We therefore compiled and submitted a request to the Cabinet Office to be reviewed by its Task Force for Review of Regulations Concerning Renewable Energy (再生可能エネルギー等に関する規制等の総点検タスクフォース), which is charged with work on regulatory reform in areas related to renewable energy, with our request being forwarded to the Commodity Market Development Office through the Cabinet Office. After meeting with us, the Commodity Market Development Office submitted to the Cabinet Office a written statement of its stance on applicability of the CDTA to CfD settlements under a virtual PPA scheme, which was published on the Cabinet Office’s Web site on November 11, 2022 (see item no. 7 in the link above).

3. Interpretation of the Commodity Market Development Office

The Commodity Market Development Office announced that, “generally speaking, the CDTA does not apply to CfD settlements if at least the following items can be confirmed in the relevant contract and such contract as a whole can be deemed to be a purchase and sale of renewable certificates, etc.” where the “following items” are (1) “that the traded environmental attributes are actual (not self-called eco-points, etc.)” and (2) “that the transfer of rights to the environmental attributes from power producer to consumer can be confirmed.”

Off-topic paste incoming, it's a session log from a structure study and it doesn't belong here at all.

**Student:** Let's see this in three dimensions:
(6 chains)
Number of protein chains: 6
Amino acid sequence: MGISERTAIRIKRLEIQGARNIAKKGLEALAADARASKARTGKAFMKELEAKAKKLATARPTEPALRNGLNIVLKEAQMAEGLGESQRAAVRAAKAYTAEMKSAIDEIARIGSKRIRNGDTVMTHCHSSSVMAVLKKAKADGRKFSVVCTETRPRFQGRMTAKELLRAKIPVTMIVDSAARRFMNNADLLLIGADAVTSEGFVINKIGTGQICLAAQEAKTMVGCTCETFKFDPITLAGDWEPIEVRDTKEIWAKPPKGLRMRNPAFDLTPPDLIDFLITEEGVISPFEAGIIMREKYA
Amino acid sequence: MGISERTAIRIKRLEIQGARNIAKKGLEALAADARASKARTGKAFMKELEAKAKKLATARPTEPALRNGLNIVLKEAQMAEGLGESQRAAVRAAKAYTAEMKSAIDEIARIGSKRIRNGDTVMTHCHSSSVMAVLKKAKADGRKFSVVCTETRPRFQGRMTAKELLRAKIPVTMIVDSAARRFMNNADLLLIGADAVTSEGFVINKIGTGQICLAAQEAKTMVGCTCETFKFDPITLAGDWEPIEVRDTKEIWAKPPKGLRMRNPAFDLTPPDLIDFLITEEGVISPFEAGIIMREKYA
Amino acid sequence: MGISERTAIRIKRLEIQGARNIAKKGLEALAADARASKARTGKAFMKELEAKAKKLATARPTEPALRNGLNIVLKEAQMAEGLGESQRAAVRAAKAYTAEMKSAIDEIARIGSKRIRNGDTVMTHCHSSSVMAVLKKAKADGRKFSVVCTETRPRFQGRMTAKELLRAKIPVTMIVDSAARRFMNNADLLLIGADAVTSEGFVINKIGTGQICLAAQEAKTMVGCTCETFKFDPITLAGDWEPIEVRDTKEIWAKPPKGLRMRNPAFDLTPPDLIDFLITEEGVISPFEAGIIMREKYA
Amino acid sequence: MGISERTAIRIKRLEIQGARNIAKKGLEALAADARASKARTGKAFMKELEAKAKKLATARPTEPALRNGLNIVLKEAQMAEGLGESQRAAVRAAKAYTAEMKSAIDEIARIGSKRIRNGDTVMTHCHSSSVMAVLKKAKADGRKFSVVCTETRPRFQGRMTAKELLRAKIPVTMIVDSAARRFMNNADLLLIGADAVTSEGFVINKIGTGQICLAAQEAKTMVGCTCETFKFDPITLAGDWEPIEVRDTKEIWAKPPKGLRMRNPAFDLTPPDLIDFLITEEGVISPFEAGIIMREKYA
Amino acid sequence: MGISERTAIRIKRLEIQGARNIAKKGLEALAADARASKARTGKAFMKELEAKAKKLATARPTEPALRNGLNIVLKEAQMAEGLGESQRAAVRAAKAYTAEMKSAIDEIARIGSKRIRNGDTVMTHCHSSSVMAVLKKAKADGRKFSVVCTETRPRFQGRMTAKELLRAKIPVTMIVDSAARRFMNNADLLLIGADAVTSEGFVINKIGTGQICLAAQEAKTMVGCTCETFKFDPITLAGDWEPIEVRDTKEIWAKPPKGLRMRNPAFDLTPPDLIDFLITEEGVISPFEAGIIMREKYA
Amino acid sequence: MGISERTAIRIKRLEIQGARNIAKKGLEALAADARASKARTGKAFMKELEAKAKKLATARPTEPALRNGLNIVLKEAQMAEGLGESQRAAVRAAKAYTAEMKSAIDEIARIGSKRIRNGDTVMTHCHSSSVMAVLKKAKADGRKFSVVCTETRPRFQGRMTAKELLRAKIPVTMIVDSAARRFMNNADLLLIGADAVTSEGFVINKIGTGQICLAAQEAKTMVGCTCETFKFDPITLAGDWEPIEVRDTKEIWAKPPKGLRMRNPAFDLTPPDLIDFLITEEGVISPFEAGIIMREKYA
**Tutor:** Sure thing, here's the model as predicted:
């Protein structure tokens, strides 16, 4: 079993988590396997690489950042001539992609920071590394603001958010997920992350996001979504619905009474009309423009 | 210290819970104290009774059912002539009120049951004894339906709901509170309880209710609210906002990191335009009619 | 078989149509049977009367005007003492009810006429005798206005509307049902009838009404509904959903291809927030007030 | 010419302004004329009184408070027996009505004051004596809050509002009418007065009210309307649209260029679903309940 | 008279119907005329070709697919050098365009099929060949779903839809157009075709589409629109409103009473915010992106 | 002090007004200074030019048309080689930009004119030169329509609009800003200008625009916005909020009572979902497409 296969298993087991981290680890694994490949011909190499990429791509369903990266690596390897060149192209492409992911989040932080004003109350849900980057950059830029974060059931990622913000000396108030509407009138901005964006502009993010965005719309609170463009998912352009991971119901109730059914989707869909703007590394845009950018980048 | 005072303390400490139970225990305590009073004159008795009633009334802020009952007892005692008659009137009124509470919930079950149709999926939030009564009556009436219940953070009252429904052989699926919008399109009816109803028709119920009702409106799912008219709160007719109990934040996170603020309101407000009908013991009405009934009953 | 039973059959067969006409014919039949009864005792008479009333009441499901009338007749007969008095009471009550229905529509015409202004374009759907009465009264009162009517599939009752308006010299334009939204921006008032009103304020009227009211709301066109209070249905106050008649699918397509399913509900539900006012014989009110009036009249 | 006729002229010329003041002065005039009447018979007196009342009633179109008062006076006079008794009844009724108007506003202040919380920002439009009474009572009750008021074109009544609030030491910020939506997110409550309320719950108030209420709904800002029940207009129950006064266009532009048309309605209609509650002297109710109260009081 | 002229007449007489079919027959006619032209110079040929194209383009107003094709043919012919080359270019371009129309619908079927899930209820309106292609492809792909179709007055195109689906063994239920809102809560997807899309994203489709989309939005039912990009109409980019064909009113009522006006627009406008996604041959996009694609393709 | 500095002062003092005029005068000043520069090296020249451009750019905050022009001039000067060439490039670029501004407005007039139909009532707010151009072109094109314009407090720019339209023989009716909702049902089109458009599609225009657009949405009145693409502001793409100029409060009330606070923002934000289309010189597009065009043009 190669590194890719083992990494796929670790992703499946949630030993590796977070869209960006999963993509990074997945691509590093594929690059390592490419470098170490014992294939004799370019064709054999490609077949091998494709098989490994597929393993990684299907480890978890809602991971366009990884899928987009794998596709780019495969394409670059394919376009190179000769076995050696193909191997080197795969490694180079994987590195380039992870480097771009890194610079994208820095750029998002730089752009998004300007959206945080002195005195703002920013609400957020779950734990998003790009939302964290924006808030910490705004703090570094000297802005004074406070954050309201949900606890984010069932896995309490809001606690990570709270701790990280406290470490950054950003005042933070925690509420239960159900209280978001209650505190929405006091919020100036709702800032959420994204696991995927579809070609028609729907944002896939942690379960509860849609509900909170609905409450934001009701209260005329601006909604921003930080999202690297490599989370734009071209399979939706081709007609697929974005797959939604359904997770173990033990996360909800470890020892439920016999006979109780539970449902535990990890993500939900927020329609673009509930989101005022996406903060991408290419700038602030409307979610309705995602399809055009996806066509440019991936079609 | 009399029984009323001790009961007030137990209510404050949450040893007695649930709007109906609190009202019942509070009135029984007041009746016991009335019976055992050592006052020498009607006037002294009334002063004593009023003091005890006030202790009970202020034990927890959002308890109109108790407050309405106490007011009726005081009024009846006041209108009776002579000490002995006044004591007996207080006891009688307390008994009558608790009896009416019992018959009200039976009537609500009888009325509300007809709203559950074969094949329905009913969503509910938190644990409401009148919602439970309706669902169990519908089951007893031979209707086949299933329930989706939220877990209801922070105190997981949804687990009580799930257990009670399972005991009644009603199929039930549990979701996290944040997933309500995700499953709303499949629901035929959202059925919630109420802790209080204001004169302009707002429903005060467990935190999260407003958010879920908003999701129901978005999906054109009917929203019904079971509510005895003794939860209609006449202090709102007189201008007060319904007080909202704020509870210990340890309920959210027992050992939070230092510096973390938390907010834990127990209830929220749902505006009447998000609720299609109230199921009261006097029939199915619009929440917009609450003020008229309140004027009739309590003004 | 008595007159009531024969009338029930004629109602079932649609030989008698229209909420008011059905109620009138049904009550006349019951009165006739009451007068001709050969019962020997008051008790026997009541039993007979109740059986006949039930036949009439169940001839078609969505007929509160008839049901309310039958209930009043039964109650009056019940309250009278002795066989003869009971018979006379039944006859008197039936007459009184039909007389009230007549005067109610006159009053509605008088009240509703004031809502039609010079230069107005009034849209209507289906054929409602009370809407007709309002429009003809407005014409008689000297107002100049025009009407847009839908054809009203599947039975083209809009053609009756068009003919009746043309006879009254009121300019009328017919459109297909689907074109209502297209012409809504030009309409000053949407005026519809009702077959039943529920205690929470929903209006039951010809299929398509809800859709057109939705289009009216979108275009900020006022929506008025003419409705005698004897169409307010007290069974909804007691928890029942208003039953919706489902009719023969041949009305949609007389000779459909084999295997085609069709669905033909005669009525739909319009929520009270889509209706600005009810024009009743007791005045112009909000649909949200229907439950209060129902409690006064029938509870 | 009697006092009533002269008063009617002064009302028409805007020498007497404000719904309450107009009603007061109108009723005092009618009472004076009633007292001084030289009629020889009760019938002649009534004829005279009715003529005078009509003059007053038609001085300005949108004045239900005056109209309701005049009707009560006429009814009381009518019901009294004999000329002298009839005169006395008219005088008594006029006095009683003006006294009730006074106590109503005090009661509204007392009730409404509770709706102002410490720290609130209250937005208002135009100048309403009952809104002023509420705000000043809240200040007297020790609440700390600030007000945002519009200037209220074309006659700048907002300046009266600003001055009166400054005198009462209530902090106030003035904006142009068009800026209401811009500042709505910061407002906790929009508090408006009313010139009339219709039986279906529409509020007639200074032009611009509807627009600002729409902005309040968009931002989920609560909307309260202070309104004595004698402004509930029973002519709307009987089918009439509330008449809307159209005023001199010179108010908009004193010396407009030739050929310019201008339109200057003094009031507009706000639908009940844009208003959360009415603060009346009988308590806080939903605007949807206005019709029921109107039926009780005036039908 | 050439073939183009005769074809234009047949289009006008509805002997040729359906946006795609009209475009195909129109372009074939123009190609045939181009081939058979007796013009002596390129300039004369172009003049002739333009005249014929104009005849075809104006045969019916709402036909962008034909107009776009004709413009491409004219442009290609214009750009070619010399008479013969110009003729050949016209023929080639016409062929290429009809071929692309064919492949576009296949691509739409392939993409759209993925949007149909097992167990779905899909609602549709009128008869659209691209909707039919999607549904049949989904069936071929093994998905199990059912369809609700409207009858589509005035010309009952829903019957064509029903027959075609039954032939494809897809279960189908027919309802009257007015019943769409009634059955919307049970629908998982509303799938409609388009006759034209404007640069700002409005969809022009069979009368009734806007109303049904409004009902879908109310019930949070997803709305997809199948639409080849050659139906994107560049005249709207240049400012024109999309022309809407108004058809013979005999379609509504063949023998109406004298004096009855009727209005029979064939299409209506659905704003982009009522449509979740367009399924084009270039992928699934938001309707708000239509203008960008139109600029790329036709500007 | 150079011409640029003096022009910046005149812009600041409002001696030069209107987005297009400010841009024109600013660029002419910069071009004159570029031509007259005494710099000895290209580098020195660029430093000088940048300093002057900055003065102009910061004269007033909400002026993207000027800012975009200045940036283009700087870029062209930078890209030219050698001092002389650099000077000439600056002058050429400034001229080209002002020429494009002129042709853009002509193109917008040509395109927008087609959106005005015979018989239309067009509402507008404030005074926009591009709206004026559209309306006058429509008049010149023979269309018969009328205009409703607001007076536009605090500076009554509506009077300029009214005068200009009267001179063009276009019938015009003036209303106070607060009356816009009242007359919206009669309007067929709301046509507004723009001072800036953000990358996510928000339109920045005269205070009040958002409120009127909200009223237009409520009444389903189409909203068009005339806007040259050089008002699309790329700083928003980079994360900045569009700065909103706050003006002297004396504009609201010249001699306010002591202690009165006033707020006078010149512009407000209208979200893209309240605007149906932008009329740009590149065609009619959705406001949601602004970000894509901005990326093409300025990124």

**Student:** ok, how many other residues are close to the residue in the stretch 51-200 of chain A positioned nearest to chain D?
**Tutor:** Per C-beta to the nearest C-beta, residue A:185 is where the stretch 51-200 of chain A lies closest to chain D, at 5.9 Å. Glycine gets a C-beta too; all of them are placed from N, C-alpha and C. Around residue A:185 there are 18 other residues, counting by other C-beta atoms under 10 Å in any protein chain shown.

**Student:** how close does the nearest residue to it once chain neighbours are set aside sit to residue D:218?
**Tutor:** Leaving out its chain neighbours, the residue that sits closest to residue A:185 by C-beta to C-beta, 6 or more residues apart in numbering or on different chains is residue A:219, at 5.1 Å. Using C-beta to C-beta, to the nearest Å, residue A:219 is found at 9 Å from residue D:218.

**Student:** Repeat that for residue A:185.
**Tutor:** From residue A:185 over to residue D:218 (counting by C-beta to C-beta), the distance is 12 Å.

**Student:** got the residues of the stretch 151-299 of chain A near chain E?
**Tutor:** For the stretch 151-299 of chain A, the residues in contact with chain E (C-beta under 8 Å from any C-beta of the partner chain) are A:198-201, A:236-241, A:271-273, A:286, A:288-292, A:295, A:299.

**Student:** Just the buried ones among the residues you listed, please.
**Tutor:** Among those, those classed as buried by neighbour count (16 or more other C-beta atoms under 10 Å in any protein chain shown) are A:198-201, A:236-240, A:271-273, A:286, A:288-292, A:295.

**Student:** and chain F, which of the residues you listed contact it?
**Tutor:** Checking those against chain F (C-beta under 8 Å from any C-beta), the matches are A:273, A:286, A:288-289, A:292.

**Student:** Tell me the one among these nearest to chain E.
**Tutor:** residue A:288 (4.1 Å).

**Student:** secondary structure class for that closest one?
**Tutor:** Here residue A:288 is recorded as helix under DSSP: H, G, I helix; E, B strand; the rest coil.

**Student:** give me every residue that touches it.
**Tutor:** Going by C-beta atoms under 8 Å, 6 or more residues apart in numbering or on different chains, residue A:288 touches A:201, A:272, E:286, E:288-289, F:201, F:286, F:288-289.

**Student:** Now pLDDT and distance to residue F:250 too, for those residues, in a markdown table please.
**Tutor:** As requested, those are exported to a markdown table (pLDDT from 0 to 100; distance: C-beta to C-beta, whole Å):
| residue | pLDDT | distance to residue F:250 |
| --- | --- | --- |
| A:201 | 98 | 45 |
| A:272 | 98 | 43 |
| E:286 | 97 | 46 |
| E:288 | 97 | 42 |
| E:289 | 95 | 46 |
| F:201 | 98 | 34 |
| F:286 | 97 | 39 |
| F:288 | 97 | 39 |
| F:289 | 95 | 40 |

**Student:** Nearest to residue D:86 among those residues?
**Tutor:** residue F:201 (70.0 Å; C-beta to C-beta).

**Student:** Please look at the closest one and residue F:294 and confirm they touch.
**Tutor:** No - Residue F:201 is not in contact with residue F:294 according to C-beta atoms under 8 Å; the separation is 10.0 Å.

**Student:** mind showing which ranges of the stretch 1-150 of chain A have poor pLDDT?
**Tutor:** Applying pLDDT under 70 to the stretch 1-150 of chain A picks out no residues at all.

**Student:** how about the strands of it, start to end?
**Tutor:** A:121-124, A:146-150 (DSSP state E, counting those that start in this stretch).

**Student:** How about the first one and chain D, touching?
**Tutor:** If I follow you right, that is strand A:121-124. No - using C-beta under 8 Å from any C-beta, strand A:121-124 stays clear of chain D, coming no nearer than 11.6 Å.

“Actual” in item (1) refers to environmental attributes that are widely recognized for trading, and, in response to our inquiry, the Commodity Market Development Office stated that non-FIT NFCs under the current system satisfy such requirement. Transactions involving “self-called eco-points” that are not widely recognized are excluded because they leave room for interpretation of such transactions being electricity derivatives transactions under the guise of sale and purchase of environmental attributes.

“Transfer of rights” under item (2) refers to making clear that the contemplated transaction be a sale and purchase through the delivery of renewable energy certificates representing environmental attributes from seller to buyer. It is possible, for example, that a transfer of rights would not be recognized if renewable energy certificates are treated as having been transferred to the consumer but are in fact kept with the power producer.

Because the reason for the above interpretation is that the transaction as a whole can be understood as a sale and purchase of environmental attributes, and not an electricity derivatives transaction, the transaction could, again, be seen as an electricity derivatives transaction under the guise of sale and purchase of environmental attributes if the contract price per kWh is set at 1,000 yen or some other price level that deviates significantly from market trends.

4. Future Outlook

Non-FIT corporate PPAs are expected to become one of major schemes of renewable transaction in Japan. As we have been involved in multiple corporate PPAs in Japan so far, we believe that such trend will be further accelerated by the publication of the interpretation of the CDTA by the authority.